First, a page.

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EEI: Distributed Power, Kyoto A Boon to Gas

EEI: Distributed Power, Kyoto A Boon to Gas

Distributed generation and mandates of the Kyoto protocol could mean great things for gas demand and are reason enough to make the industry super bullish, according to the Edison Electric Institute's (EEI) Charles Linderman, director of fossil fuels, renewable energy and rail policy.

"I challenge all of you to think not of 30 Tcf as the ultimate goal, as a ceiling, [for gas demand] but as potential for future opportunities.

"There are wonderful opportunities for thermal, gas-based technologies ahead, but not very far ahead. And the implications for both the gas industry and the electric industry are enormous," Linderman told attendees Tuesday at the Ziff Energy North American Gas Strategies Conference in Houston.

As an example, Linderman said Allied Signal is planning to produce 3,000 gas-powered 75 kW microturbines a month beginning this June, and GE Fuel Cell Systems and New Jersey Resources recently announced a joint venture. Despite technological advances, deregulation, environmental and reliability pressures making distributed generation more attractive, there are obstacles, Linderman cautioned.

"Microturbines take a little more pressure than may be generally available on the [local] system. We are in early discussions with AGA [the American Gas Association] about what's the obligation to serve requirement of the gas LDC if somebody has put in a gas-based distributed generation unit. Do they have to serve in times of stress?" EEI and the Gas Research Institute (GRI) are studying application of distributed generation and seeking to overcome cases where distributed generation could not be sited due to constraints on gas supply. Linderman said power grid issues, such as interconnection standards and market timing and load requirements, also need to be worked out.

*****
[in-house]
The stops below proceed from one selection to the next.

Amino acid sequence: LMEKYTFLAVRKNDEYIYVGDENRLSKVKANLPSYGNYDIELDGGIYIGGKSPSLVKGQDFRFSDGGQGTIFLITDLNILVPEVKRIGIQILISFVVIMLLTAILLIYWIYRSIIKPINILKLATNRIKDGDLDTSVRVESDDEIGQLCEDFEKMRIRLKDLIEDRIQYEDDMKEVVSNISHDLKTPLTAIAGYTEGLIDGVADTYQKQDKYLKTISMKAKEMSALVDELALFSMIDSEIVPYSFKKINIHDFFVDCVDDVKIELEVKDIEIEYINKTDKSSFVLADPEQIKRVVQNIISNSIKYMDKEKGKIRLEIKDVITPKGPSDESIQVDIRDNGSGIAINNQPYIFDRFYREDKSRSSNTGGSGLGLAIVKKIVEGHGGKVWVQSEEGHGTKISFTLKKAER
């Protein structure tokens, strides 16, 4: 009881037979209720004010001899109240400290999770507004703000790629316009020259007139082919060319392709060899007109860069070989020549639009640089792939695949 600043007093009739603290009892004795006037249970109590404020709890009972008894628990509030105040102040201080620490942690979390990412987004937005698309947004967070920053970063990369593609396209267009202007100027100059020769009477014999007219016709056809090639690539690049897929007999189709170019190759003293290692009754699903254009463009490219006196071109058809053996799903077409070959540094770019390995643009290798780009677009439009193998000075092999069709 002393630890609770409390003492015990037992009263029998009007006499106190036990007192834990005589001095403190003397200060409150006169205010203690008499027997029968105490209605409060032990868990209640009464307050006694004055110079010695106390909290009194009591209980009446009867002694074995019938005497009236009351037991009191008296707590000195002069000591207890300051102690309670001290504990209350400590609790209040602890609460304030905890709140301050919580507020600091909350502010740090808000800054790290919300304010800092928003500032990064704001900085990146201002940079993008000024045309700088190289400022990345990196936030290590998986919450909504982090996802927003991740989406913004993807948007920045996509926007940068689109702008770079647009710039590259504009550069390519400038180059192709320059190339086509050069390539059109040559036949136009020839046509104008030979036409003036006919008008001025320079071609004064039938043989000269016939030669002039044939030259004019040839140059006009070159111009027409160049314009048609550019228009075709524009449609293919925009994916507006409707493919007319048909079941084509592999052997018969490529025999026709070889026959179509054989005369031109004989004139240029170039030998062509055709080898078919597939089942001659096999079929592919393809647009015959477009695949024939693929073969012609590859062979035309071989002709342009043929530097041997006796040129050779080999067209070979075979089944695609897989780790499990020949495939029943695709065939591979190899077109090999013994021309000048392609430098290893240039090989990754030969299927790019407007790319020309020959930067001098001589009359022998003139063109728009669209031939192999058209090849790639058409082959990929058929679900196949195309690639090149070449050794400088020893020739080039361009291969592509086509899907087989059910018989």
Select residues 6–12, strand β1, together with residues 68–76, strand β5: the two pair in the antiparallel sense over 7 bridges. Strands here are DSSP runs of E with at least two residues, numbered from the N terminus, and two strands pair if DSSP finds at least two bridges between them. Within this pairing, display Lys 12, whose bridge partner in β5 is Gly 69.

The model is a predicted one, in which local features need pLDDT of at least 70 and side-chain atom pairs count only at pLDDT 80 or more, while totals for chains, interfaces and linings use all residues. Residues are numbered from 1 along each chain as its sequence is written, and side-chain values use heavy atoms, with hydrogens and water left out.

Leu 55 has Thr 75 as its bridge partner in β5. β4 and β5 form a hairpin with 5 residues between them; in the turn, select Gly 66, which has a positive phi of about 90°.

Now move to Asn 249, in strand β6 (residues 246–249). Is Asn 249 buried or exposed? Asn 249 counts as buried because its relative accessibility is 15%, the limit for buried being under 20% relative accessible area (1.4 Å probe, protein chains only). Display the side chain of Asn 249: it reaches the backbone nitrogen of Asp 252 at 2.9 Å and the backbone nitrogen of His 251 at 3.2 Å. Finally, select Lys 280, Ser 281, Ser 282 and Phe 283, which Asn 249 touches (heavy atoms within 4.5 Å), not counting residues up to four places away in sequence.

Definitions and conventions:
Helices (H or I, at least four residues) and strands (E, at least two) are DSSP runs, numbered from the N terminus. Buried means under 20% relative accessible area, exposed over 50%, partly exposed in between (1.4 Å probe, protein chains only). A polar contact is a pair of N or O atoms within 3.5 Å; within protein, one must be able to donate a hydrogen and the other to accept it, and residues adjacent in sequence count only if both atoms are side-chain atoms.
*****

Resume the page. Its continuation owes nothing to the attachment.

Distributed generation is attractive as a back-up supply of electricity to businesses such as grocery stores, which need an uninterrupted stream of power to prevent food spoilage, Linderman said. Distributed generation also is seen as politically attractive as it can enhance electric system reliability, he said.

Specifications of the Kyoto protocol - renewable energy requirements notwithstanding - are good news for the gas industry, Linderman said. EEI is completing an analysis of the protocol's impact on the gas market. The institute's base case scenario would boost gas to 25% of the U.S. power generation mix by 2010. A high case has gas taking 48% of the generation mix by 2010. Gas demand could hit 34 Tcf by about 2009. Linderman said. A scenario for generation demand factoring in Kyoto shows gas holding 48% of the generation market versus coal with 24% in 2010. Projections not considering Kyoto show coal with 50% of the market and gas with 25% by 2010.

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